Radio Wammo: Glenn Williams hosts State Of It, a weekly look at politics with Scoop’s Selwyn Manning as New Zealand enters an election campaign before the public gets to vote on November 26. This week: The Prime Minister’s Positive Spin A Matter Of Public Interest.
So much so, that it has become a matter of public interest.
We saw a glimpse of this problem in the introduction. But it all began on Tuesday last week when Labour’s finance spokesperson David Cunlffe asked the Prime Minister during Parliament’s question time: Is it his policy to “muddle through” the current economic uncertainty?
The Prime Minister John Key replied: No, the Government has actively taken a number of steps to ensure New Zealand can minimise any fall-out from global economic events.
It all sounded particularly convincing especially when the Prime Minister began to enjoy himself detailing the positive outcomes that the National-led Government had supposedly achieved in recent times:
7:27 to 8:33
That’s enough indeed.
If we were to take the Prime Minsiter at his word, then the economy must be heading in the right direction. Certainly the Prime Minister was up-beat and positive that his Government was well on track to meet Treasury projections as presented in the 2011 May Budget, and on track to create the promised 170,000 new jobs in a few years time.
Well, that was Tuesday.
Within 24 hours in an interview with Radio LIVE the Finance Minsiter Bill English was far more cautious:
1:02 to 1:47
The Finance Minister went further in an extended interview with 3News’ political editor Duncan Garner, where he admitted meeting the promise to create 170,000 new jobs would be a challenge:
3:31 to 4:15
For those who wished to look… clearly the Prime Minister and Finance Minister are on a different page. One of them has to be right. Is John Key being overly positive to the point where he is misleading Parliament, painting an inflated rosy picture? Or is Bill English merely being a doom merchant?
This is how Duncan Garner saw it:
1:45 to 2:16
That was Thursday. Later that afternoon the Labour Party leader Phil Goff began disecting John Key’s claims in Parliament that the economy was sailing along well, despite a looming double-dip recession threatening the global economy:
8:44 to 9:55
If New Zealanders were confused as to who was correct when assessing the New Zealand economy, they certainly gained some clarity by Friday.
By Friday, international credit rating agencies Fitch and Standard and Poors downgraded the New Zealand credit rating from a AA+ to AA. This is how 3News reporter Patrick Gower reported it:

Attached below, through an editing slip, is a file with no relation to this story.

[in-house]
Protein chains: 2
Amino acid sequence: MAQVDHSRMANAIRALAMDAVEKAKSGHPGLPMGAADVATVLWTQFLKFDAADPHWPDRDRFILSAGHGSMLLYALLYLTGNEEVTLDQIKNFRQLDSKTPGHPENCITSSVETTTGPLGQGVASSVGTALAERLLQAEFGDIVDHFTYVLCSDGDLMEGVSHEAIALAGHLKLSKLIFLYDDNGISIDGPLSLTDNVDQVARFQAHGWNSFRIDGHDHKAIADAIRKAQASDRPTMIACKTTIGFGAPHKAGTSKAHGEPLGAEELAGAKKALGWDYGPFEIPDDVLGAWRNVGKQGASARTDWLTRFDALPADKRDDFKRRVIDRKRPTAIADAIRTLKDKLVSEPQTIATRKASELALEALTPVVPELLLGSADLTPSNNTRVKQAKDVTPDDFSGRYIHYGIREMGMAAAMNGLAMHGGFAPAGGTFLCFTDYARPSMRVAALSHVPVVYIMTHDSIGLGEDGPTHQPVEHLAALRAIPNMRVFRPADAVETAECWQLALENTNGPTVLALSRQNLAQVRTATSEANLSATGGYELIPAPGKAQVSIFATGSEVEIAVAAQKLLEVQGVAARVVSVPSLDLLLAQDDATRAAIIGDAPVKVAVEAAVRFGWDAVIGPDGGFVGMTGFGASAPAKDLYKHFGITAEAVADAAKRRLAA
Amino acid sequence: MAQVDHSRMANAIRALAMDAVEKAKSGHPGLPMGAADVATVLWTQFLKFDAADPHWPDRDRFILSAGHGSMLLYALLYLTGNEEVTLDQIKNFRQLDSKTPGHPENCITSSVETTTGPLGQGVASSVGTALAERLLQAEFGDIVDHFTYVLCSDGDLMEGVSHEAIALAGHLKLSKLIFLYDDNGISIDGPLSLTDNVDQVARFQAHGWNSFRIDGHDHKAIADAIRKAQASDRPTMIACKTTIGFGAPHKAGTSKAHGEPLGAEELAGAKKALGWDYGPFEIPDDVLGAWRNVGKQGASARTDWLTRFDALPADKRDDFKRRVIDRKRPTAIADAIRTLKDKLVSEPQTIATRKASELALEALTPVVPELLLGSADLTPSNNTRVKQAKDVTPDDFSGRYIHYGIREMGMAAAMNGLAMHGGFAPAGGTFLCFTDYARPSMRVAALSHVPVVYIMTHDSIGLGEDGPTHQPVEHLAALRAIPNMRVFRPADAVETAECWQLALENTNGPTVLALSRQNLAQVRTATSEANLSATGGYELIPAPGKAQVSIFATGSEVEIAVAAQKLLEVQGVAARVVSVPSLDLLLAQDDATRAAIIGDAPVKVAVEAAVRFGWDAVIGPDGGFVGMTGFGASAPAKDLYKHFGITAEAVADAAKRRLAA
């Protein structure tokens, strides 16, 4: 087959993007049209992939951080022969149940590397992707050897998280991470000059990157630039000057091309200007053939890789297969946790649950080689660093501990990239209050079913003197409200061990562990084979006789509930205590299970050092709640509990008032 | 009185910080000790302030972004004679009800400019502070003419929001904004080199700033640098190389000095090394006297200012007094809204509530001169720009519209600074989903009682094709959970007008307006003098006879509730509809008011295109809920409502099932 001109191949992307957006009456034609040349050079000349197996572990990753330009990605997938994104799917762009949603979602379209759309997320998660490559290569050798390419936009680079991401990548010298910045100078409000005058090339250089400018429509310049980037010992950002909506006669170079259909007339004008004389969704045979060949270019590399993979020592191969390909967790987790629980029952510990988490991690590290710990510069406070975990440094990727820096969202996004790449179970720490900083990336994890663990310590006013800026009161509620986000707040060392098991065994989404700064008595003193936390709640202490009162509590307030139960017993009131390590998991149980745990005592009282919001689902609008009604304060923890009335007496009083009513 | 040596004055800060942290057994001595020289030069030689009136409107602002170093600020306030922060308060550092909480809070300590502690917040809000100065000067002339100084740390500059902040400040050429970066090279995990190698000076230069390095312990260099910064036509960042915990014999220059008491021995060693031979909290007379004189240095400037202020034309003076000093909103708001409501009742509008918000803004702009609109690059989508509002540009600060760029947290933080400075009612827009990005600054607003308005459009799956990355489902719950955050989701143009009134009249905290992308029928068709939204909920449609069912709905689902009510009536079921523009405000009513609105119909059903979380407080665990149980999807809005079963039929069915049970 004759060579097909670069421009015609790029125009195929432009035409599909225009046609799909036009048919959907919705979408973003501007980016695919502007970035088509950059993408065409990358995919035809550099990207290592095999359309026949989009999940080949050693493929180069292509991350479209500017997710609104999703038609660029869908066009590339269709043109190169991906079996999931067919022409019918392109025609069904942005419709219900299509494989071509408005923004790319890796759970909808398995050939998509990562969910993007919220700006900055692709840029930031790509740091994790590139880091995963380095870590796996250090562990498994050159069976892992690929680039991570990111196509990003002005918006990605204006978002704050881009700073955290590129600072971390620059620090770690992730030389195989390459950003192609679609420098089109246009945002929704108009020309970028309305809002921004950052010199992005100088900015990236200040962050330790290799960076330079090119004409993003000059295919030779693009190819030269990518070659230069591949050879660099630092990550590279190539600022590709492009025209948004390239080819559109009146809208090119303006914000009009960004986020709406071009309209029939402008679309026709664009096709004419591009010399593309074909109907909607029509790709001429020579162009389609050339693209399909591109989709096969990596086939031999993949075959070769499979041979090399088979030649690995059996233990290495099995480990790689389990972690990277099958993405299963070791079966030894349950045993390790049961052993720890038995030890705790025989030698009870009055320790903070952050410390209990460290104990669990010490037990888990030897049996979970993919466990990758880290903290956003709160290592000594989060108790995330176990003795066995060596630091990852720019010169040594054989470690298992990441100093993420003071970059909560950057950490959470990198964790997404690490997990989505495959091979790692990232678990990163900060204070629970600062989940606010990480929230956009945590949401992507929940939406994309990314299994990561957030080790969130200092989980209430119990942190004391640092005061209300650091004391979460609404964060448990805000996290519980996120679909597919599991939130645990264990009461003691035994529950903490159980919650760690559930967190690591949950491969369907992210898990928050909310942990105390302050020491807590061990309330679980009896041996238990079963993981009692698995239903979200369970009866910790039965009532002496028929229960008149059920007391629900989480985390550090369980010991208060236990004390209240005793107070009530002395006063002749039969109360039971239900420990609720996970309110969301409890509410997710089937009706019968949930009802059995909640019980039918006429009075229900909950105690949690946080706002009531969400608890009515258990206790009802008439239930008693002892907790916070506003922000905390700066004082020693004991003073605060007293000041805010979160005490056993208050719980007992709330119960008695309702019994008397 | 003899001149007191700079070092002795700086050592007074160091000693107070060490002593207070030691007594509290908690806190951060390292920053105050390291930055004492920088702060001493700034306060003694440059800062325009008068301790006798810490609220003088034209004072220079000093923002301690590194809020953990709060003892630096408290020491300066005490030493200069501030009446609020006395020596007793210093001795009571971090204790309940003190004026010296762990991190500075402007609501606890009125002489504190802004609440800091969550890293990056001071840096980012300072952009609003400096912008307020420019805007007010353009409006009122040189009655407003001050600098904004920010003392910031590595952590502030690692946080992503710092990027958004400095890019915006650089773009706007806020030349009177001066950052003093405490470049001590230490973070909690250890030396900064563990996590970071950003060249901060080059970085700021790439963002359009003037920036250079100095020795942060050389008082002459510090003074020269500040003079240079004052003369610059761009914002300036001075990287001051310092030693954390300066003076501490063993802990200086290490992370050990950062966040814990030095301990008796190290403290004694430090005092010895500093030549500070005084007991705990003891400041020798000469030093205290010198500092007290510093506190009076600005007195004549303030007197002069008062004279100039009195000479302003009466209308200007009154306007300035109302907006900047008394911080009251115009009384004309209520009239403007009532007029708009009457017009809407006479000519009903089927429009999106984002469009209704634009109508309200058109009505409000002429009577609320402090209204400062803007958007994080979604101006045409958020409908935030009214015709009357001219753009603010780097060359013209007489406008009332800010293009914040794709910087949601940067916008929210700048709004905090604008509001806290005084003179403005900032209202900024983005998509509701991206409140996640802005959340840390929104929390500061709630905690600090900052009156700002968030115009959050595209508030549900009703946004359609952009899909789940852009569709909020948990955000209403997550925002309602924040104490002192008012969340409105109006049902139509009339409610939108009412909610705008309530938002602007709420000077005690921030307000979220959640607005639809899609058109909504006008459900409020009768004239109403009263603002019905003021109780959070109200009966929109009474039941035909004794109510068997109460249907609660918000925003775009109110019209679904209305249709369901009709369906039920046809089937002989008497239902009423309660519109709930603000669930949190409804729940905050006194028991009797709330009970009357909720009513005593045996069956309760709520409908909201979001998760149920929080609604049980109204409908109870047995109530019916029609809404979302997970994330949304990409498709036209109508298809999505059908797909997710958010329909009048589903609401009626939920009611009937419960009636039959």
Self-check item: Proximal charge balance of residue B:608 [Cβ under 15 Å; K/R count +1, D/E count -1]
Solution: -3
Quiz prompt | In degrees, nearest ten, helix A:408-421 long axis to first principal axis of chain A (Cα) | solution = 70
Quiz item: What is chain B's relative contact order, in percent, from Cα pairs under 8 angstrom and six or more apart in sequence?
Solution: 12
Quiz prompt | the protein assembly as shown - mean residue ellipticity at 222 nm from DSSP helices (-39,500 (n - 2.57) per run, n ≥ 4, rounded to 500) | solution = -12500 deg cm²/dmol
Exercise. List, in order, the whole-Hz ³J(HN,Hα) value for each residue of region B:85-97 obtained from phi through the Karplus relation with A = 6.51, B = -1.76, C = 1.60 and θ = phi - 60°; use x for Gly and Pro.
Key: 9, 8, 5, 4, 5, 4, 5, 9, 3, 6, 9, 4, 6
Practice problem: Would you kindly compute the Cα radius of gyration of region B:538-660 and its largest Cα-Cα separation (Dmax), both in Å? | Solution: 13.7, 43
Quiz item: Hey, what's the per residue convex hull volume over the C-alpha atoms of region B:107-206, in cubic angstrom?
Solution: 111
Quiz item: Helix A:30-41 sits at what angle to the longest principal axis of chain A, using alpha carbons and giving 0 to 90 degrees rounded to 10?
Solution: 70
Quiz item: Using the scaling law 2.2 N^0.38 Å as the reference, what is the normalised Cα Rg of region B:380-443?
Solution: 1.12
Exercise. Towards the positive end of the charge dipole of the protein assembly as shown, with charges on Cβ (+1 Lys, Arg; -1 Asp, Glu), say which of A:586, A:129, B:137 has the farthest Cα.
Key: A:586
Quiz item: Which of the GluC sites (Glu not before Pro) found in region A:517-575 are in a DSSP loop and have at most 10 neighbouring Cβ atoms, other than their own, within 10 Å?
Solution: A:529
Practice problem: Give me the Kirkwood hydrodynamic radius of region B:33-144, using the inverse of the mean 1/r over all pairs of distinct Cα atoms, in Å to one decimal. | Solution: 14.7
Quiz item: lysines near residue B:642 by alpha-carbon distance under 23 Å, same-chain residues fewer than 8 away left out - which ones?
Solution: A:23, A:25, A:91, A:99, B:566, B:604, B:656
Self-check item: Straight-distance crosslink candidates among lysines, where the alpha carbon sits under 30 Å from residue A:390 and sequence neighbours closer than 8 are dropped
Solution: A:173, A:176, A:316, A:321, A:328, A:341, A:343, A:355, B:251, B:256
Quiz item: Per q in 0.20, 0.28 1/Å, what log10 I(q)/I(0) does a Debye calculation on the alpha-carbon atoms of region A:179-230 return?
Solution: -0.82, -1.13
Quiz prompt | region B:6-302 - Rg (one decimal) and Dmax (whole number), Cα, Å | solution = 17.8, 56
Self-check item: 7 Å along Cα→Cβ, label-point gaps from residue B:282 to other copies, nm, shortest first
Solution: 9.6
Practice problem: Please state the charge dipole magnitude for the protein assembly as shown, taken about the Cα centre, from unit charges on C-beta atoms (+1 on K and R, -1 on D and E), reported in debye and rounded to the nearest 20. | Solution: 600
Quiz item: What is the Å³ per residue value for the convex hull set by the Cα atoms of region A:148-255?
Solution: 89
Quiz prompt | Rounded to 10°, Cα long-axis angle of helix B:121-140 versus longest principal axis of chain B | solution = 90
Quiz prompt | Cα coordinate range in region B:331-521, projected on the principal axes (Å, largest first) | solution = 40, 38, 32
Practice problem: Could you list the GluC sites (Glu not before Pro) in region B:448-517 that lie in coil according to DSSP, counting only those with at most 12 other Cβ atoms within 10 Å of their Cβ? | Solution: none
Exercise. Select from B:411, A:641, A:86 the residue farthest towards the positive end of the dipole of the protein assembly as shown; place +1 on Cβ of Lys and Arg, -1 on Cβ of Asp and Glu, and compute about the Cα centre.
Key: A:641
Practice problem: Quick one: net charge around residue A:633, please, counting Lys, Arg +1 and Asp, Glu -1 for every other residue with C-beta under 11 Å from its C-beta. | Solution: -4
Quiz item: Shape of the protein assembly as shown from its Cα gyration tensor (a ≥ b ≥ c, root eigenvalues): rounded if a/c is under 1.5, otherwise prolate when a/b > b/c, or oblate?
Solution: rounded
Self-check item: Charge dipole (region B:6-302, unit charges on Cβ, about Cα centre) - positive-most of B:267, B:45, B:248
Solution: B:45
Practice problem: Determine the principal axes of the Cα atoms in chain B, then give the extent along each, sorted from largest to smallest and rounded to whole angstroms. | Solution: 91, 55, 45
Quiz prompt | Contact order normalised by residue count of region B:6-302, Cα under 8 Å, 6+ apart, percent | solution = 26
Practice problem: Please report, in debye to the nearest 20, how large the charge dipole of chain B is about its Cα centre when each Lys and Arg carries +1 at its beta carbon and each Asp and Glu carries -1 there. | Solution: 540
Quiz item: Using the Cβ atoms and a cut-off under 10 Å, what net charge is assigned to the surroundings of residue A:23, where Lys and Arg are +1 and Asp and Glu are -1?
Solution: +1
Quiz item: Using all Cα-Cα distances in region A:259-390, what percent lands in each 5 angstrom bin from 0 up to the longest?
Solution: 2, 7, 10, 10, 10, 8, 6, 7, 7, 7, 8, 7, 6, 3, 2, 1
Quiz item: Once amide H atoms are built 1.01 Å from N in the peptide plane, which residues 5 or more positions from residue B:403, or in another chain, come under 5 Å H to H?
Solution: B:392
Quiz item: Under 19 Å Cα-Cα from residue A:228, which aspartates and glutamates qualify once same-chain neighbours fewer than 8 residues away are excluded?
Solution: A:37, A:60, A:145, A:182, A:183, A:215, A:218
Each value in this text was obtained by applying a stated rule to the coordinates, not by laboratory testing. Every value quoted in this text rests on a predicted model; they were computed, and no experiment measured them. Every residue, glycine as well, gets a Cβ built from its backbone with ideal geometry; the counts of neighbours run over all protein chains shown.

But after hosting an hour slot free-be on Radio LIVE, the Prime Minister had only this to say:
0:47 to 1:09
And before the Prime Minsiter left for Sydney Australia to watch the NRL grand finals, the Finance Minister felt compelled to send a particularly direct message to the public seeking their help to avert a significant economic downturn:
1:31 to 2:01
Despite the Prime Minister’s strategy to positively spin any news irrespective of how dire it is… This past week could be described as a week from hell for the National-led Government. But as we know, a news cycle is particularly short-lived. And the Polls do not indicate that voters are noticing.
Certainly if any press gallery journalists were intent on asking the Prime Minister more questions on his take on the New Zealand economy, they were going to be disappointed.
Why you might ask?
Well, the answer is simple… Because the Prime Minister did not hold his usual post-Cabinet press conference as he decided to stay in Sydney a little longer, to enjoy a long weekend, and return to New Zealand late on Monday afternoon.
What’s the state of that?
In my view, especially this close to an election, a prime minister should make himself as available as is possible to media, so that the voting public can evaluate the Government’s performance and vote in a manner that displays informed choice.
To refuse to front up to media on this issue but rather attend a Rugby League game, to refuse to front up to 3News’ invitations to appear on The Nation current affairs programme, to not attend Cabinet after such a week in politics, is an abuse of his responsibilities and is a matter of public interest.
And Glenn, thats the State Of It for this week.